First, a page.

Know that Green Mountain’s cheapest advertised plans are all variable rate plans. “Pollution Free,” “Pollution Free Try 3,” or “SolarSPARC 10 Try 3” all advertise a great initial rate — a full cent below Pennsylvania’s 8.49 cent “price to compare” — but its variable rates means the company can raise them at any time. The two “Try 3” plans just lock in the low introductory rate for three months instead of one. The flipside of fixed rate: Should prices fall, you’ll be locked into a contract with a constant, elevated rate for two more months.
Variable rates jump around, swelling one month and reducing the next, anywhere from a sliver of a percentage to a slice. These changes don’t occur randomly — they follow the wholesale electricity market and the balance of supply and demand. (Demand is highest in the winter when more homes are running their furnace)
The good news about variable rate plans: They’re month-to-month, meaning you hold no contract and can ditch at any time without penalty. If you keep on top of regional wholesale costs, you’ll know when rates are about to rise and can switch plans.
So which plan type is cheaper for you? That requires some math. As an example, let’s look the cheapest variable-rate plan Green Mountain offers, “Pollution Free,” alongside the fixed-rate version, “Pollution Free Reliable Rate”.
We know that electricity rates are slated to rise by about three percent next year. If we allow for seasonal electricity grid changes (historically, about a 1.0 cent difference between the height of summer and the depth winter), we can approximate the total expense of the fixed rate versus variable rate plan after one year.
Variable rates could cost less in the long-run.
|Pollution Free (Variable)||
Pollution Free Reliable Rate (Fixed)
|Energy rate||6.90 cents per kWh + 0.3 cent increase every 3 months||7.90 cents per kWh|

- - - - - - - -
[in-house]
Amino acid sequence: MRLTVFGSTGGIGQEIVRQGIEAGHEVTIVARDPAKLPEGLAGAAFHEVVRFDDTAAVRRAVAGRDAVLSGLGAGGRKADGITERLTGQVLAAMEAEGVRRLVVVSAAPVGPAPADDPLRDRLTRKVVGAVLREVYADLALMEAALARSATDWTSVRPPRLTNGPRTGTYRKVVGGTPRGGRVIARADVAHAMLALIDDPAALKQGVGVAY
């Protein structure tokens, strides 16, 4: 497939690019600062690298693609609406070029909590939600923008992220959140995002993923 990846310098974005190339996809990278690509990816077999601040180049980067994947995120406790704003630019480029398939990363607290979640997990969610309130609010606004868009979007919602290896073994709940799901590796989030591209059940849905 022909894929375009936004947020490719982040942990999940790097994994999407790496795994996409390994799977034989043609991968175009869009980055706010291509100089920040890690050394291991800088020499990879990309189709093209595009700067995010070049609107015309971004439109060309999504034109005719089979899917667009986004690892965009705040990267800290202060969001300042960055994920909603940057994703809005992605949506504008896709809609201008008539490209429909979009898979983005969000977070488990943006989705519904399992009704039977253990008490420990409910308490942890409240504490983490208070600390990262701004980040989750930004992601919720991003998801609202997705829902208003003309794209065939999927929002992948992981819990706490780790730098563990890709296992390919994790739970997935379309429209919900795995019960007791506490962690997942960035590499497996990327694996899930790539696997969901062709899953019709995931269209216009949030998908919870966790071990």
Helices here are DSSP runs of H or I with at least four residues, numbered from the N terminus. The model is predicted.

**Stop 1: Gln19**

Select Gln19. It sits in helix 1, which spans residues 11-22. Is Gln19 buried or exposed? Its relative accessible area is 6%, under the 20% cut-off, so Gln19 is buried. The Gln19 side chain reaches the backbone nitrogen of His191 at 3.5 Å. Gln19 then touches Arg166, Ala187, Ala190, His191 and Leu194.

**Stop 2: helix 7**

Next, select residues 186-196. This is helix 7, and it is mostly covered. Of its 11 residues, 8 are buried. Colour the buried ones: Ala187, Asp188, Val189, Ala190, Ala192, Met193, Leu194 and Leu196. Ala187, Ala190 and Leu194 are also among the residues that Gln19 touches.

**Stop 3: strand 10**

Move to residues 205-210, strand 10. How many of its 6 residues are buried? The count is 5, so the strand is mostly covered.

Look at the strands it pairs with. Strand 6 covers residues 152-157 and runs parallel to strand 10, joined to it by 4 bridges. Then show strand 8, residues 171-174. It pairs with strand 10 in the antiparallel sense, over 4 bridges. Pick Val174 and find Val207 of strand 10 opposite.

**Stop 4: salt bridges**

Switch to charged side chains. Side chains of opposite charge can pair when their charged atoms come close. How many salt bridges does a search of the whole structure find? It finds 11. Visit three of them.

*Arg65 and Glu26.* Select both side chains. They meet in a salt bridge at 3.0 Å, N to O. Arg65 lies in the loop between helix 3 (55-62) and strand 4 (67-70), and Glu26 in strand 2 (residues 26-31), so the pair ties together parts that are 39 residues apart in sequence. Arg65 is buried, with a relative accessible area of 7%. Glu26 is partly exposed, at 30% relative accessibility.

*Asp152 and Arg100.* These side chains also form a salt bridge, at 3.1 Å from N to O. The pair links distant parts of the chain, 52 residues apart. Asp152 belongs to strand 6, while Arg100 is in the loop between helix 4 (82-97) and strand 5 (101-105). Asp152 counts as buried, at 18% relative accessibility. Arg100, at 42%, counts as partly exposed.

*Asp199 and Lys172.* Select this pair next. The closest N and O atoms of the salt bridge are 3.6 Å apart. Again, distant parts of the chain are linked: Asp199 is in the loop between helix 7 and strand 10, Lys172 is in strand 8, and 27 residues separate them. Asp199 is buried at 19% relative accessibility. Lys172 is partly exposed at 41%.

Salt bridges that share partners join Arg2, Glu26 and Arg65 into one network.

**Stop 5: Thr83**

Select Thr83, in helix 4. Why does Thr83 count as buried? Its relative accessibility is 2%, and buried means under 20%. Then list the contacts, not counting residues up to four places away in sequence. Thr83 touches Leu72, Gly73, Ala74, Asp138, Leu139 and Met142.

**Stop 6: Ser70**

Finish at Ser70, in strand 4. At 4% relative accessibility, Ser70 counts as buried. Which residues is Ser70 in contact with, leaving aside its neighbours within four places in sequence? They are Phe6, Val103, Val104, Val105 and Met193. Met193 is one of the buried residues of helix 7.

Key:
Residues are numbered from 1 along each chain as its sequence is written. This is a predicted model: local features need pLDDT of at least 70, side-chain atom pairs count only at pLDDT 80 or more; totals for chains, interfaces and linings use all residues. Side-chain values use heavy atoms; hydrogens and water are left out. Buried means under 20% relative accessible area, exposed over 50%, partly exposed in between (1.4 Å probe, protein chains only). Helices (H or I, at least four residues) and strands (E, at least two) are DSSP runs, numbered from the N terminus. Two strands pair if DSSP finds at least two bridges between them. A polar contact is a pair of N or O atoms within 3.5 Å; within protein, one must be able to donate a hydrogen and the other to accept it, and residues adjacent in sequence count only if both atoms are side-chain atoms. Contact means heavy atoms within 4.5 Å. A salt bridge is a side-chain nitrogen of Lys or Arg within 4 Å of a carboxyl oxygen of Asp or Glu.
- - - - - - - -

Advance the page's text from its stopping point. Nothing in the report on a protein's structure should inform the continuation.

(rate x 1,000 kWh per month)
|$69.00 + $3 increase every 3 months||$79.00|
|Total after 12 months||$810||$948|
With moderate fluctuations taken into account, the variable plans is still cheaper. Our bill is approximately $10 more in the winter, but we’d still save $138 over the course of a year. It’s more a question of whether you can roll with the punches of an unpredictable rate, or would sleep easier knowing your bill is going to look the same month after month.
Affordable Green Plans
As an Exelon company, Constellation Energy is part of one of the biggest — and historically most polluting — corporations in North America. Given Exelon’s vast production energy, ranking on the PERI Toxic 100 list is perhaps not that surprising. The good news is that Exelon is upfront about its room for eco-friendly improvement and make it easy for Constellation customers to go green, too.
Usually, fixed-rate renewable-energy plans are among the most expensive options. But in our research, we found Constellation’s green plan rates were comparable to its non-green versions. For example, out of two otherwise identical fixed-rate, 12-month plans from Constellation — “12 Month Fixed Rate 100% Green” and “12 Month Fixed Rate” — it’s the renewable version that currently costs less.
In this case, the green plan is actually cheaper.